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Northern Edge military training in Gulf of Alaska gets Navy's OK -- with limits

  • Author: Yereth Rosen
    | Arctic
  • Updated: December 2, 2017
  • Published April 25, 2017

A U.S. Navy F/A-18 Super Hornet lands on the USS John C. Stennis (CVN 74), which operated in the Gulf of Alaska on June 23, 2009, in support of the joint military training exercise Northern Edge. (Bill Roth / ADN archive 2009)

The U.S. Navy has given the go-ahead for Gulf of Alaska activities in the wide-ranging military exercise known as Northern Edge, but it has scaled back proposed activities in the marine environment.

A record of decision announced Monday by the Navy gave approval for the marine portion of Northern Edge. The exercise, which involves the Army, Air Force, Coast Guard, Navy and National Guard, is scheduled to start May 1 and run for 12 days. It encompasses training activities on land, in the air and at sea over a broad swath of Alaska territory. It is the largest military exercise in Alaska this year and will involve 6,000 people, according to the Alaskan Command, which is hosting it.

The Navy, the agency in charge of environmental review of the marine portion of Northern Edge, opted in its record of decision for some tighter limits on allowable Gulf of Alaska activities than those proposed in a supplemental environmental impact statement issued last year.

The decision allows one large-scale Carrier Strike Group exercise, with associated antisubmarine warfare and live-sonar activities, to take place each year. In contrast, the preferred alternative that had been proposed in the supplemental EIS released by the Navy last year would have allowed two such exercises, plus up to two sinking exercises.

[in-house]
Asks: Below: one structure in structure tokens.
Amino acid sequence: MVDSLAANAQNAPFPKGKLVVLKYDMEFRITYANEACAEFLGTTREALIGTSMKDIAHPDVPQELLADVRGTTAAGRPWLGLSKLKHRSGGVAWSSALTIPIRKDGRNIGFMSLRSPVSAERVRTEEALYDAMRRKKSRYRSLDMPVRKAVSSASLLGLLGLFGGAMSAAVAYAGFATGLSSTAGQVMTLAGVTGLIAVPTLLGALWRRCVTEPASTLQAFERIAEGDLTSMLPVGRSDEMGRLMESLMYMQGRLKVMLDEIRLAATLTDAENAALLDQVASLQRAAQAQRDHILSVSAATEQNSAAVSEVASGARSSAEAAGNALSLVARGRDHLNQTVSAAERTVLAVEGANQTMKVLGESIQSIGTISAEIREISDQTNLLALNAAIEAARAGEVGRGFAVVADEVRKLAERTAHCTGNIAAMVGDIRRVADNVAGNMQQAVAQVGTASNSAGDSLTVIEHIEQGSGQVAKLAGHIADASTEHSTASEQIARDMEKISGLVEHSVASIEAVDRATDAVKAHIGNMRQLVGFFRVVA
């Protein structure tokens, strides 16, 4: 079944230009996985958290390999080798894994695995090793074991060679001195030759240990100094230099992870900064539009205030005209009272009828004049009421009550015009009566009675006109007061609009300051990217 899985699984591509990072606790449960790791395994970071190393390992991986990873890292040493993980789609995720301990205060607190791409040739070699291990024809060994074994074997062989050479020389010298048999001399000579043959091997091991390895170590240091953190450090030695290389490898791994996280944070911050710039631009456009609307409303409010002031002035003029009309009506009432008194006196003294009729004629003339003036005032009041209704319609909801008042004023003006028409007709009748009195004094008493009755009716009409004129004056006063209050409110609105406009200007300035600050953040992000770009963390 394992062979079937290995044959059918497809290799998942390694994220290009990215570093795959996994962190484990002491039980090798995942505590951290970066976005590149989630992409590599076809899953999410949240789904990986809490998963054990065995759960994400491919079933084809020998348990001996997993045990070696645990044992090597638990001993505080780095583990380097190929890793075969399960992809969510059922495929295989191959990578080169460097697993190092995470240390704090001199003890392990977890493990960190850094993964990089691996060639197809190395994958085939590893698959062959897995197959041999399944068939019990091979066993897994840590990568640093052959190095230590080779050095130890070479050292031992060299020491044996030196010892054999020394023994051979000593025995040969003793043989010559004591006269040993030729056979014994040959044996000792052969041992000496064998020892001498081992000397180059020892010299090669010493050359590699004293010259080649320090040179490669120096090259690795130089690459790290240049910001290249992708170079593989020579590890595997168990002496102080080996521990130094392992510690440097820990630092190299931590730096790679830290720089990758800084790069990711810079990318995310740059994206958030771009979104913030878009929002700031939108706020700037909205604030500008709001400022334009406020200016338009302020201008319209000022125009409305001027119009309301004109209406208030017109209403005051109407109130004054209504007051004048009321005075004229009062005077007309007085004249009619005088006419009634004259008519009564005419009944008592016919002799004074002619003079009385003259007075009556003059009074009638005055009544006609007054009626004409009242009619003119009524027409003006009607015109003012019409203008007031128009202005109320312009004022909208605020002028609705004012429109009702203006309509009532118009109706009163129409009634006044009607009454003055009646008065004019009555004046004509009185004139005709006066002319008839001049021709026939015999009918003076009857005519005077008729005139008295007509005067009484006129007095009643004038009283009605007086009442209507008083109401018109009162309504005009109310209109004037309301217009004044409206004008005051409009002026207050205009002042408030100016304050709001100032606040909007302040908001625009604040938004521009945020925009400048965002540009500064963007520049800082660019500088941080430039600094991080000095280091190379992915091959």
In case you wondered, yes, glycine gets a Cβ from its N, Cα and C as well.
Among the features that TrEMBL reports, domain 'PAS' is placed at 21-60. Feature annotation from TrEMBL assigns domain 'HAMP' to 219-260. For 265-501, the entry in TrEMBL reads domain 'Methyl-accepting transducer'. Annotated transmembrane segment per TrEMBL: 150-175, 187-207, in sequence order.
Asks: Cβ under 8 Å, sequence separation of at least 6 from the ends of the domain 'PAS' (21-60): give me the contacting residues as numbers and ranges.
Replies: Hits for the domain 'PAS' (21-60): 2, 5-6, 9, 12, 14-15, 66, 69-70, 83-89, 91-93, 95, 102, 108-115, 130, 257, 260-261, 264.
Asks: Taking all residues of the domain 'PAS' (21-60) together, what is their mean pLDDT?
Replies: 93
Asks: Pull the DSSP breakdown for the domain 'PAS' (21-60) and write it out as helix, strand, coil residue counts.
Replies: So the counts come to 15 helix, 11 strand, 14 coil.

The approved alternative has fewer potential noise impacts and other disturbances to marine mammals, according to the supplemental EIS. It was chosen over the earlier preferred alternative "following careful and thorough consideration of the Navy's future training needs in the GOA to support joint training activities," the record of decision said.

Although the decision authorizes the activities to happen annually and allows them to occur for 21 consecutive days each year, the Northern Edge exercise is generally held every two years and over fewer days each time.

The Northern Edge activities have been controversial in Gulf of Alaska towns, where local residents are dependent on fishing. Local governments and groups have called for Northern Edge to be rescheduled to a time later in the year to avoid conflicts with the fishing season.

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